Circle process is a community governance process that has multiple applications as well as serious implications for management and organizational development practices. There are many iterations of circle practice here in the United States and across the world. Our model is rooted in indigenous governance practices and further informed by the fields of organizational development, leadership development, Critical Race Theory, indigenous theories, Black Feminist Thought, and popular education.
Circle process is the enactment of the principles of the indigenous Medicine Wheel, which is an ontological map that explains the order of the universe, the world, human relationships, and humanity itself. The first layer of meaning pertains to the nature of the self, which is that we are made up of four core parts: body, mind, emotion, and spirit. A human being in good relationship with itself is in good relationship with its body, mind, emotion, and spirit. From an indigenous point of view, everybody is different and so everybody expresses each of these elements in their unique manner. The focus is less on the definitions and more on the identification of a type of landscape of human expression from which one can appreciate each person’s unique expression of self.
Each individual is embedded in a constant process of building relationships with other beings, be they human or not. This process is the next layer of the Medicine Wheel and it has to do with that it means to get to know others, to trust them, to reveal oneself to them, to reveal themselves to us, and with showing up for each other. We understand that people have had this process of relationship building interrupted in traumatic of ways because the types of violence experienced in this culture.
We also are fully aware of the impact of social oppression in the interruption of this relationship building process and of the lack of certainty about the stability, longevity, or reliability on relationships even beyond the intimate realms. Here, we allude to the enduring denial of access and opportunities for social, civic, economic, and technological participation by social oppression in the arenas of education, employment, civic engagement, and health care. We understand that the chronic denial of access and opportunity occurs regardless of individual merit and for reasons that are beyond the control of communities.
Beyond the benefits to an individual’s capacity to reflect on their own sense of personal well being, part of the power of the circle process in social justice organizational contexts is in implementing a process that normalizes the process of building healthy relationships in ways that perhaps have been completely unfamiliar. Connecting with others who can support people in their efforts to:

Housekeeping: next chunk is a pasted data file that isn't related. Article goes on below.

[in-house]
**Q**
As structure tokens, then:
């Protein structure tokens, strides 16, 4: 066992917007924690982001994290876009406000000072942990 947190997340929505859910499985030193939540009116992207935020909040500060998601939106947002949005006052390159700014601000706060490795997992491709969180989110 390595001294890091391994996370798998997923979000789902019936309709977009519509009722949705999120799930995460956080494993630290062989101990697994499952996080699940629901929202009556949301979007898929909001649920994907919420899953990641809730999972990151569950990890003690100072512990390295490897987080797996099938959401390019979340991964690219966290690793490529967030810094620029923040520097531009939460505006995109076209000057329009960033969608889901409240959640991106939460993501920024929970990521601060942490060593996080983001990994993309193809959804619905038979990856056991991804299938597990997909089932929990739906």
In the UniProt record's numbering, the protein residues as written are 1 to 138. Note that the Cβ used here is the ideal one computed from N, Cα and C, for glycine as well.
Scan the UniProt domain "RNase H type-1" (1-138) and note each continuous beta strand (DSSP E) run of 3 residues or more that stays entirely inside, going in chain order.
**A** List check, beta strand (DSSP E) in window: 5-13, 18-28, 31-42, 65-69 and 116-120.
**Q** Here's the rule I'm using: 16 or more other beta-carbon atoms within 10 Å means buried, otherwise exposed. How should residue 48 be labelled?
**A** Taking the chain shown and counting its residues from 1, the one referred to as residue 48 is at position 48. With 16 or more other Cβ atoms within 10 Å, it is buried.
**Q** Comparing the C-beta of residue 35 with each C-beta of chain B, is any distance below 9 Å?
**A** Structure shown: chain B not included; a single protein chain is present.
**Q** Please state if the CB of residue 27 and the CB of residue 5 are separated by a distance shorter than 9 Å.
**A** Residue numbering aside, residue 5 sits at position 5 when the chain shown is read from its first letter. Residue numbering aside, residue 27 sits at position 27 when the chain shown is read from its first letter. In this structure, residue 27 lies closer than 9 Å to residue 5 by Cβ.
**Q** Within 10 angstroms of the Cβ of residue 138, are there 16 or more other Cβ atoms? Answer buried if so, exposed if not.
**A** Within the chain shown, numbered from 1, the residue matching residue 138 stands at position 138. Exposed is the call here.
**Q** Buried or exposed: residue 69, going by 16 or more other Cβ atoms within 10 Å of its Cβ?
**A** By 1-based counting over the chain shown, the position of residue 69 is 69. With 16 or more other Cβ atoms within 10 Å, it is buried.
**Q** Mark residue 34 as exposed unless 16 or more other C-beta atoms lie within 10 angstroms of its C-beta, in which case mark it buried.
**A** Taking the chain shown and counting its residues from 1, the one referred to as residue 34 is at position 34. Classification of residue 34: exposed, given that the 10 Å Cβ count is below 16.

Recalibrate their own ongoing efforts to continue to engage the world in the face of crippling intersectional oppression
Re-establish trust in their capacity to build healthy relationships
Keep themselves safe
Troubleshoot parenting and child care issues
Offer and receive support during challenging times
Access needed resources such as employment, training, educational, and housing opportunities
And experience a sense of joy and well being with others when there are breakthroughs and accomplishments in their lives.
In the end, the process is really about each of us re-establishing a sense of wellbeing and connection to our world, to resist the sense of isolation and displacement that the experiences of violence and oppression create. This sense of wellbeing and connection is the third layer of the Medicine Wheel and it has to do with having a connection to our distinct lineages while being connected across differences to all of the Earth.
In indigenous contexts this sense of connection has to do with the development of ethics that guide our behavior. Foremost at this level, is the development of an understanding of interconnectedness that is beyond individual survival needs and has more to do withone’s capacity to take care of the Whole, be it the family unit, the group, the community, and the environment. Taking care of the environment is paramount with individual self-care, demonstrating concern and connecting with the environment is also another way to overcome the traumatic impact of violence.
Lastly, the fourth layer of the Medicine Wheel is often misconstrued as being esoteric but in fact, it is very practical. It has to do with developing the awareness of our place beyond the human world in the context of a universe we are still understanding. This is the layer in which we practice humility, another ethical imperative in a world that is so complex that we struggle even to understand ourselves. By understanding ourselves as being nestled within much larger forces in the universe, we can be of a humble attitude and access forgiveness more easily. We can see how our failures are not as large as we think they may be and how others also are bound by their own stories and react out of a lack of capacity to discern the fact that social oppression and violence should not determine who they are in the world.
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